By Scott Schmidt
Alberta Newspaper Group
Redcliff’s town council ran through a fairly light agenda last week to close out May, with a couple presentations highlighting the evening.
The Cypress View Foundation was on hand running through the basics of what it does in the community, as at least a few members of council would be hearing from the organization for the first time.
“Basically, they were just bringing everyone up to speed on who and what they are,” Mayor Dwight Kilpatrick told the Cypress Courier. “We contribute, along with Cypress County and Medicine Hat, to help keep them operational, because they supply accommodations to a lot of low-income seniors — so they are tax-assisted.”
First-term Coun. Shawna Gale has been sitting on the board, and other members of council have dealt with the group before, but Kilpatrick says Cypress View was simply looking to refresh itself with local government.
Cypress View’s local level of government funding might not be a concern right now, as Redcliff’s portion of that assistance is not up for review at this time, but there are questions following the recent provincial election that will have to be answered by the UCP’s next budget.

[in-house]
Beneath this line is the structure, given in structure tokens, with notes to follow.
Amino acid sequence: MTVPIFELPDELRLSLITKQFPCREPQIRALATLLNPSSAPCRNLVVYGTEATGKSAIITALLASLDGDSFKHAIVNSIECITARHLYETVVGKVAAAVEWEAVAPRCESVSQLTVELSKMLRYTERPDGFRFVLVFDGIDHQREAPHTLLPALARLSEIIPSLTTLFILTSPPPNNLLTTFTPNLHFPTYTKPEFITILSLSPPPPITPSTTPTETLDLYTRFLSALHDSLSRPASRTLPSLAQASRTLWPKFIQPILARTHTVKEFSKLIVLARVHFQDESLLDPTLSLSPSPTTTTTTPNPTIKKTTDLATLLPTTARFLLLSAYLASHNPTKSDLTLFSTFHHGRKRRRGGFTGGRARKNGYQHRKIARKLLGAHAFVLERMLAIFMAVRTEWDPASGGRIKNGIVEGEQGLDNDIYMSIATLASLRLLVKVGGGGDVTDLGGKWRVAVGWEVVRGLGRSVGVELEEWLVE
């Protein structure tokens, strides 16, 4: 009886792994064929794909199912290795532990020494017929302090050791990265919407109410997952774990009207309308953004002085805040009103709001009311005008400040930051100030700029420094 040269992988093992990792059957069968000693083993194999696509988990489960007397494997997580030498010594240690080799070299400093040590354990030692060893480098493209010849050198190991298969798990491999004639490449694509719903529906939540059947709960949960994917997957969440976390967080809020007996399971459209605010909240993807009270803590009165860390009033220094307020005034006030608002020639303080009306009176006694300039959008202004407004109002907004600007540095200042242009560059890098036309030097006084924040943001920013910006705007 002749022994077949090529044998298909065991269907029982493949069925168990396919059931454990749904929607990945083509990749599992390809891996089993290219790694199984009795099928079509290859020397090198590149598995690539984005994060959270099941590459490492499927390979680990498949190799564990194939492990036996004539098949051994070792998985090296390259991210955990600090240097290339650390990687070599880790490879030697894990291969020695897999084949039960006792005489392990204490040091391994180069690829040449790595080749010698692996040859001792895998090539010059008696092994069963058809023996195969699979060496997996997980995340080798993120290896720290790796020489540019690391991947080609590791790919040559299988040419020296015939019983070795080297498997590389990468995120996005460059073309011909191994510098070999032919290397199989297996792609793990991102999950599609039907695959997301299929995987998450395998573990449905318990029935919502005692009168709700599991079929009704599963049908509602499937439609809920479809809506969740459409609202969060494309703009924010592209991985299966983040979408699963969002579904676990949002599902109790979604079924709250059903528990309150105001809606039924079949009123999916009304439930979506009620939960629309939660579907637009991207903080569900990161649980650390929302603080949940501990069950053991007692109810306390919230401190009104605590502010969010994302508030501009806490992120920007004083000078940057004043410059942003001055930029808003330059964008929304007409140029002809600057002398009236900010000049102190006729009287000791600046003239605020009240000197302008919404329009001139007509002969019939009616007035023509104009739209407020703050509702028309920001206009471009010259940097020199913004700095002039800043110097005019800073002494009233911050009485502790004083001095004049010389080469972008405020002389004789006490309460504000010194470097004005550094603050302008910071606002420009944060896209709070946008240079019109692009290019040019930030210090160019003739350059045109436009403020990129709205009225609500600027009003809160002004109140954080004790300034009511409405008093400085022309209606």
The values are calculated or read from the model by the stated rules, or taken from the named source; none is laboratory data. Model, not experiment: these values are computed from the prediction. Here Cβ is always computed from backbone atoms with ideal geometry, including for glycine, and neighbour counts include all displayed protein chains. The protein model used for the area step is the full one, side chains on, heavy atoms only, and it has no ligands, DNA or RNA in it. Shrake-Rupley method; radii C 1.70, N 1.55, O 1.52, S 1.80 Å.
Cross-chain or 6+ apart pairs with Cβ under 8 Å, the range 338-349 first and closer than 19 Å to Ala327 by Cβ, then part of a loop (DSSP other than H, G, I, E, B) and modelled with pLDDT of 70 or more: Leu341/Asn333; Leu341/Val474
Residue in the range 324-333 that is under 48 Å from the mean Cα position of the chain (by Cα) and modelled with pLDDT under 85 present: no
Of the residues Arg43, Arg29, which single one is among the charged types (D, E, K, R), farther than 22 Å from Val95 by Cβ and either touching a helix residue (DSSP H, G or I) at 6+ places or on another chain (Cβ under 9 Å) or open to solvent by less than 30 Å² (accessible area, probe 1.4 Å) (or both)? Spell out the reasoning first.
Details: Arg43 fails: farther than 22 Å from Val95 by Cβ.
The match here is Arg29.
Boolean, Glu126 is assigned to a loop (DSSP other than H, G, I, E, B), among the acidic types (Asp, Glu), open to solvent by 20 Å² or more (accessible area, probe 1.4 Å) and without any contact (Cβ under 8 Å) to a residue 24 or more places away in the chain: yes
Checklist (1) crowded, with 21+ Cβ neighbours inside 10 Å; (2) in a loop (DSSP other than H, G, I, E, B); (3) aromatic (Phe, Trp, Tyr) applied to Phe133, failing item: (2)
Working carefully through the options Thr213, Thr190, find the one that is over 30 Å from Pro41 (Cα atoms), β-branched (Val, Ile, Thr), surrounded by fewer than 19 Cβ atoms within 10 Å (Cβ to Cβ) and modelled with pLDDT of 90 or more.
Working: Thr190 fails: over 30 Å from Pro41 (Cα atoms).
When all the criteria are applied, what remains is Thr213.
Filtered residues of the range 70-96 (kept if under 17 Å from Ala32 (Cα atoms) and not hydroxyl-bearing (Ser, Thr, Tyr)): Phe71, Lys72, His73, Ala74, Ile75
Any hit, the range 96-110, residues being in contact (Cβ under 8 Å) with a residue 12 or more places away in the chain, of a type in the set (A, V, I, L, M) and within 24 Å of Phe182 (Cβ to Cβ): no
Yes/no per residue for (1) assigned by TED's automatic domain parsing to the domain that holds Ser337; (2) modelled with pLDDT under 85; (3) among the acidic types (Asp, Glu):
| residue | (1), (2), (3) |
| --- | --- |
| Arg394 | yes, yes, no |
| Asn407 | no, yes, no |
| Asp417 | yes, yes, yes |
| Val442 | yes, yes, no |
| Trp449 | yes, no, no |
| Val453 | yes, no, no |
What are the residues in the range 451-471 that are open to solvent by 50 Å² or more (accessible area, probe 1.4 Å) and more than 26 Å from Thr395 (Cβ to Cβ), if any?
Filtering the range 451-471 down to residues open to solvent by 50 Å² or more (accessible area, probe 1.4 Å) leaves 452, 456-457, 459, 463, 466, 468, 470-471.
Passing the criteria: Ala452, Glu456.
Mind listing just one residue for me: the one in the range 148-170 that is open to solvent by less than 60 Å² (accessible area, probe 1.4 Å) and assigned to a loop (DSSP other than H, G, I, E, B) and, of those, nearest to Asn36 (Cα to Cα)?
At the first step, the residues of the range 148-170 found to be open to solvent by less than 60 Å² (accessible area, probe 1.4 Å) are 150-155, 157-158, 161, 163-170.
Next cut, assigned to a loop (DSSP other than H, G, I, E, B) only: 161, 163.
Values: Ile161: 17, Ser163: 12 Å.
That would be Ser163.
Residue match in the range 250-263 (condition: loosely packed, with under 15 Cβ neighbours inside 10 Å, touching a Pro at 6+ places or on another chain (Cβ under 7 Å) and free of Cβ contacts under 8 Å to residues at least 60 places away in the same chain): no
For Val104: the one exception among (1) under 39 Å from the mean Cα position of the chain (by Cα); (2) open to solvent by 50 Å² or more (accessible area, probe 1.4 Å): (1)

“I think the threat of provincial cuts is heavy on a lot of people’s minds that rely on tax-based funding,” Kilpatrick said. “I’m not saying that’s why they came — they came to let us know that they’re still out there, still worthy, and that in some of their aspects, things are going well.
“Just an information session.”
Richard Oster and Theresa Hardiker of the newly named Verge Economic Development team were also in attendance to make a presentation with council. The group, which until recently was known as the Economic Development Association, is seeking an increase in support over the next four years.
“Economic development is one of the hardest things to scale and rate — you don’t know whether it’s good, bad or ugly,” Kilpatrick said. “You have wins, you have losses.
“They did what they could to keep things optimistic, and (presented) what their future goals are, and then, of course, what their future expenses could look like.”
The mayor says the information presented will be forwarded to budget talks, as council doesn’t debate or decide mid-year on funding of this nature. He says decisions on funding for Verge will come among those council will look at in November.
“If (before then) we say, ‘Oh, that’s a good thing, put that in the budget,’ and, ‘Oh, that’s a good thing, we’ll put that in the budget,’ by the time somebody does the collective math, you may just find out you’ve OK’d a whole bunch of things you can’t afford.
“You have to be looking at the whole picture when you’re budgeting.”